The process removes intellectual property from the surface of the wafers so they can then be reused as “monitor wafers” in internal manufacturing calibration or sold to the solar-cell industry. The company intends to eventually provide details of the process to the broader semiconductor-manufacturing industry.

“One of the challenges facing the solar industry is a severe shortage of silicon,” says Charles Bai, chief financial officer of Rene- Sola, one of China’s fastest growing solar-energy companies. “This is why we use reclaimed silicon from the semiconductor industry for the raw material.”

According to the Semiconductor Industry Association, 250,000 wafers are started worldwide per day. IBM estimates that up to 3.3% of these are scrapped. This amounts to about 3 million discarded wafers each year. Because the wafers hold intellectual property, most are crushed and sent to landfills, or melted and resold.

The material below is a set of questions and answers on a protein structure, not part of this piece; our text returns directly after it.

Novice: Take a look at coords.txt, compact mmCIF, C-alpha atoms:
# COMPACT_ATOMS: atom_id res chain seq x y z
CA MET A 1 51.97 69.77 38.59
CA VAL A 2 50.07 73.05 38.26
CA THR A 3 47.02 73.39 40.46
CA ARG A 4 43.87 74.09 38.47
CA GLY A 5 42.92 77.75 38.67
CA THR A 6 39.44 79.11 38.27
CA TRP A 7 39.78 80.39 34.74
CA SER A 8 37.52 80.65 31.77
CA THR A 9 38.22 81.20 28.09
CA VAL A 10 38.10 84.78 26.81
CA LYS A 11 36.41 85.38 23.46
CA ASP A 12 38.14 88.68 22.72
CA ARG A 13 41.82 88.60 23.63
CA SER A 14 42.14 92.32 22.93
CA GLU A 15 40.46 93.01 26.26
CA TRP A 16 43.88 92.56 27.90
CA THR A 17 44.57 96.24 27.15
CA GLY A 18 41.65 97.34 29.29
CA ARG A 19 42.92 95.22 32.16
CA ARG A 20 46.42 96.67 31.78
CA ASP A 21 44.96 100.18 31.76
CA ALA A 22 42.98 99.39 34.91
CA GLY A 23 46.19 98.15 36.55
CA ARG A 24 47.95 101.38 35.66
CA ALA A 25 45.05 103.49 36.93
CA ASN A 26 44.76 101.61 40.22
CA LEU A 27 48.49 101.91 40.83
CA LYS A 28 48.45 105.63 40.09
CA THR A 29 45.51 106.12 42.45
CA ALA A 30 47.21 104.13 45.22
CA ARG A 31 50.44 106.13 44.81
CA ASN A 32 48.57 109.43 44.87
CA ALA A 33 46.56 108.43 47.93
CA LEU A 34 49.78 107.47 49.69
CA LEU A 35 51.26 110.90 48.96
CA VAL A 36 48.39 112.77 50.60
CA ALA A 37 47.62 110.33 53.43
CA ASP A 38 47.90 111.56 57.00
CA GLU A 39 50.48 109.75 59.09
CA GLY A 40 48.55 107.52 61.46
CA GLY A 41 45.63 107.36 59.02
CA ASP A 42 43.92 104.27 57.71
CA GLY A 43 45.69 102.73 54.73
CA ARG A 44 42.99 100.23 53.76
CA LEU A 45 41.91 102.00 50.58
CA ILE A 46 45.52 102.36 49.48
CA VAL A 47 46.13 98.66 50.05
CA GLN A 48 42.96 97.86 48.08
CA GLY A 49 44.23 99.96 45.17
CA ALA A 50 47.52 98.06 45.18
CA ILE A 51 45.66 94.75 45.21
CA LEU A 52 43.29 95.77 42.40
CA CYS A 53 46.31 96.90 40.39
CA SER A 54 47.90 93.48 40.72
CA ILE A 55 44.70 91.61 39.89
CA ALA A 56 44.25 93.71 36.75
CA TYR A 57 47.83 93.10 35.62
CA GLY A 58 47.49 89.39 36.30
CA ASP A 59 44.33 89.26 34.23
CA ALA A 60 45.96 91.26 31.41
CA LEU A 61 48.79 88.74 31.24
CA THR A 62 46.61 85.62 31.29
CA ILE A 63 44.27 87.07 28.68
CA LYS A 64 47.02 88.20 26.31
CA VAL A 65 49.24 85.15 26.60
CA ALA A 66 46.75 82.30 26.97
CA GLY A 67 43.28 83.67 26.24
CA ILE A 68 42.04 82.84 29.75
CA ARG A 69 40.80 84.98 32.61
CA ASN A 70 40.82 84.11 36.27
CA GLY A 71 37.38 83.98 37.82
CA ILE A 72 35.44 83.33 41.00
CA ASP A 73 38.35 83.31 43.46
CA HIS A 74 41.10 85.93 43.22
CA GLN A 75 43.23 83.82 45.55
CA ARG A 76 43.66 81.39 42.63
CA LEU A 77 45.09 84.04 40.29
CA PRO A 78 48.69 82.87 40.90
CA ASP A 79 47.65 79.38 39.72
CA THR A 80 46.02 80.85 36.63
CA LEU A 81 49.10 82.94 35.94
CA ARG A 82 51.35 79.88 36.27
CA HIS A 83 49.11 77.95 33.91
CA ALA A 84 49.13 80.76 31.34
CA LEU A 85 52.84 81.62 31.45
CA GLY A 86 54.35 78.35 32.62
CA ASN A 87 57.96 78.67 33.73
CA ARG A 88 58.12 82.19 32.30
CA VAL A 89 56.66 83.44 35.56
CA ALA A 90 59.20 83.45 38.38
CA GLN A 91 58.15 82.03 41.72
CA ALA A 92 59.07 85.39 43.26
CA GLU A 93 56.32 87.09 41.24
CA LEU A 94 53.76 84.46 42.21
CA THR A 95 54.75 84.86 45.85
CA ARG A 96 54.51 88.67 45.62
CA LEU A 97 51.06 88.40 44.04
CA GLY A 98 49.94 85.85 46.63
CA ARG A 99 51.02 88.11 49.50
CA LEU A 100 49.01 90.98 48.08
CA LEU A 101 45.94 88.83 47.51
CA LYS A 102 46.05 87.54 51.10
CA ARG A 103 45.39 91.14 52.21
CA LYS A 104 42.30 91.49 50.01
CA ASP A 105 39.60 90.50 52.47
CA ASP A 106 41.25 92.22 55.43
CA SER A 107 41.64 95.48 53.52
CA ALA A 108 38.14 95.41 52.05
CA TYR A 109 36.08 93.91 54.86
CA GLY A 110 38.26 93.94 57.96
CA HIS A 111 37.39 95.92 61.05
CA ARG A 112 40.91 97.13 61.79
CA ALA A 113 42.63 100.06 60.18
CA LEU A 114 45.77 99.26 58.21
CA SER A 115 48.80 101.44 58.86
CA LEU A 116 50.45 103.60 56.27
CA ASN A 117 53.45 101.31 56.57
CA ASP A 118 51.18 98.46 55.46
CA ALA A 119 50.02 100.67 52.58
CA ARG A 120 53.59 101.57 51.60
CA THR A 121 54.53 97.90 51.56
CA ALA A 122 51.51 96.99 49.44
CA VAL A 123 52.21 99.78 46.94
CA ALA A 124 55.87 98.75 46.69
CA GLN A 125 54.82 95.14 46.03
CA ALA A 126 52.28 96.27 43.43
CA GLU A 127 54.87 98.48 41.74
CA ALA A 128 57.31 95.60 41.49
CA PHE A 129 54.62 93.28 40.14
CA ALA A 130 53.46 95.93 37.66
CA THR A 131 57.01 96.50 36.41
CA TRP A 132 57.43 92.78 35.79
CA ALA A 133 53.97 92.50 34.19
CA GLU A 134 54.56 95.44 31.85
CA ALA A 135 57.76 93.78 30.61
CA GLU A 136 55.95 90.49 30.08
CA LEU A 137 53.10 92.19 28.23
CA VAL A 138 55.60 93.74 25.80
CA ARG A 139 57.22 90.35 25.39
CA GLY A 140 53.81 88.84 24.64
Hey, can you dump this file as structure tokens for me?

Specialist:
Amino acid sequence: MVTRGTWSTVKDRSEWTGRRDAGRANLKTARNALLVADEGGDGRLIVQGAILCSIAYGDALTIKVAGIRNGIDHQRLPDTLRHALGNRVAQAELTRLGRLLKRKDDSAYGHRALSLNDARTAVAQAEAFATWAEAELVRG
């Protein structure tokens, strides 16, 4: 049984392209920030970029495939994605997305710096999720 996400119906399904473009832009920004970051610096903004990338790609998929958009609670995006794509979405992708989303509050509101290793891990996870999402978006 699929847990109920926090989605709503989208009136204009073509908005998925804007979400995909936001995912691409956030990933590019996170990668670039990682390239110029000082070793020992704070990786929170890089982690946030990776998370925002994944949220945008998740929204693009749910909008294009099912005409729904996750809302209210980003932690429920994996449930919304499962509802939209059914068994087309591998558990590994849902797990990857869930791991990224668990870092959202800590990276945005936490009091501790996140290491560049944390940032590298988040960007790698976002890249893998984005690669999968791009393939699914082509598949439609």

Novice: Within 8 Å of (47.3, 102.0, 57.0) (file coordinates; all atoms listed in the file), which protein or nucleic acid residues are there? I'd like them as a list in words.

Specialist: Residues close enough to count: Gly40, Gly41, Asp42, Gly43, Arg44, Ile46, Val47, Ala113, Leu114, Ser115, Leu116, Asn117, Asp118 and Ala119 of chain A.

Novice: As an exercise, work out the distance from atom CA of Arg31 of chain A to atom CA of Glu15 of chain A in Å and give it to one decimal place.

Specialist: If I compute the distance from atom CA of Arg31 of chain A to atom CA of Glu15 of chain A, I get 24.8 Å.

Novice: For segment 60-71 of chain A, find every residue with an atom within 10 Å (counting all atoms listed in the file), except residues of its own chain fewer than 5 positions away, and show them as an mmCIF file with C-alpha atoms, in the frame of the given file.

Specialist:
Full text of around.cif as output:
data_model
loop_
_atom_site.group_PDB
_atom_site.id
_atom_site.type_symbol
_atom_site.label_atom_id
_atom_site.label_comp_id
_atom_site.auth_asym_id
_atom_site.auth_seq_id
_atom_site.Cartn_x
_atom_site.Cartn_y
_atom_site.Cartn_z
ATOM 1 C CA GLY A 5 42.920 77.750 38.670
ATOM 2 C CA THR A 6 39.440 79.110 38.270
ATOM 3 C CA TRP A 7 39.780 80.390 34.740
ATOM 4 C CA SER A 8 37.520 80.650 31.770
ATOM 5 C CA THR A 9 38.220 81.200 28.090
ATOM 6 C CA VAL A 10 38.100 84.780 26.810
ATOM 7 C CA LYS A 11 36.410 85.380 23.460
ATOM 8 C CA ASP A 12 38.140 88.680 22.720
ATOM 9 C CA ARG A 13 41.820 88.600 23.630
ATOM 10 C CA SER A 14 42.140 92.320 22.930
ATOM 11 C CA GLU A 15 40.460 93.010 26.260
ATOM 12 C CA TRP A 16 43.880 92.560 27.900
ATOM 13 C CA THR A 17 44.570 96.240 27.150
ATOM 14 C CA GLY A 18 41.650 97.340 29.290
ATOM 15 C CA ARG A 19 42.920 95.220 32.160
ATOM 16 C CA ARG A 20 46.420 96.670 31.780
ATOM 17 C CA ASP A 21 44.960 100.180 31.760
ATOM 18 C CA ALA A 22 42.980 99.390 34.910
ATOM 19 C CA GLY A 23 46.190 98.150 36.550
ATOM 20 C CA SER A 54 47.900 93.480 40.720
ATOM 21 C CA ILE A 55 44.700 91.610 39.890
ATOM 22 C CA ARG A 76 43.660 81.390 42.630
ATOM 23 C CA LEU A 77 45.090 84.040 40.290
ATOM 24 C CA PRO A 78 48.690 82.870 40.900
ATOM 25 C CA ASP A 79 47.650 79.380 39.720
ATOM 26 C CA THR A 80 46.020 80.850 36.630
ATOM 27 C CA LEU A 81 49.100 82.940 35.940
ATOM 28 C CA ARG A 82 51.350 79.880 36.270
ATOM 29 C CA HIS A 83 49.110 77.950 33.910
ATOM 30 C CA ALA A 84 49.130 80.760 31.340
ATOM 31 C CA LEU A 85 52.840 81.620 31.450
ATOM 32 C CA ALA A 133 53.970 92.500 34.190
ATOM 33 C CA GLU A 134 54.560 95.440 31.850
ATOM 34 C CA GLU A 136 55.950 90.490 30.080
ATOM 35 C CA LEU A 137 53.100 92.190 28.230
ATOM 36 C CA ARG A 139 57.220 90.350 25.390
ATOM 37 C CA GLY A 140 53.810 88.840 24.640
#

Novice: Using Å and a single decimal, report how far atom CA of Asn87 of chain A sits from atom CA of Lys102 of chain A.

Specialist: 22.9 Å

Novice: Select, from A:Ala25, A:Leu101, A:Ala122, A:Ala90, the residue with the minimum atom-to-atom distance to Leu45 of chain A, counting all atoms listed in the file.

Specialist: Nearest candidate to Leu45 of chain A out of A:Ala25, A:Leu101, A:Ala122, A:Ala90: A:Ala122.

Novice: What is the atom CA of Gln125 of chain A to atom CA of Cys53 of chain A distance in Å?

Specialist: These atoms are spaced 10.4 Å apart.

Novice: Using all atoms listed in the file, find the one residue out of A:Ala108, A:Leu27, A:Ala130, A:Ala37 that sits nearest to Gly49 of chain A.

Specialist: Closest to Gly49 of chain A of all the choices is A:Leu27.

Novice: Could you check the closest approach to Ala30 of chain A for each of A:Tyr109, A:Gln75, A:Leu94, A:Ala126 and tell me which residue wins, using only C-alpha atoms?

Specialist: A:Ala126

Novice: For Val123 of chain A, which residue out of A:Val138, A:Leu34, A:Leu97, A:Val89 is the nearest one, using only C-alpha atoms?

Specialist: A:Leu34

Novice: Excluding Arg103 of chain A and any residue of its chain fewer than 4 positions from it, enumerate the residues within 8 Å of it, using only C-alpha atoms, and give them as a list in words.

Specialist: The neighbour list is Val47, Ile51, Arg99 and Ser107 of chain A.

Making monitor wafers from scrap wafers generates an energy savings of up to 90%. When monitors wafers reach end of life they are sold to the solar industry. Solar cell manufacturers that process reclaimed wafers could save from 30 to 90% of the energy it takes to process new silicon.

Semiconductor wafer

James Procopio, an IBM chip manufacturing project manager, holds a semiconductor wafer prior to refurbishment, and Michelle Bolz, an IBM manufacturing engineer, displays a solar panel.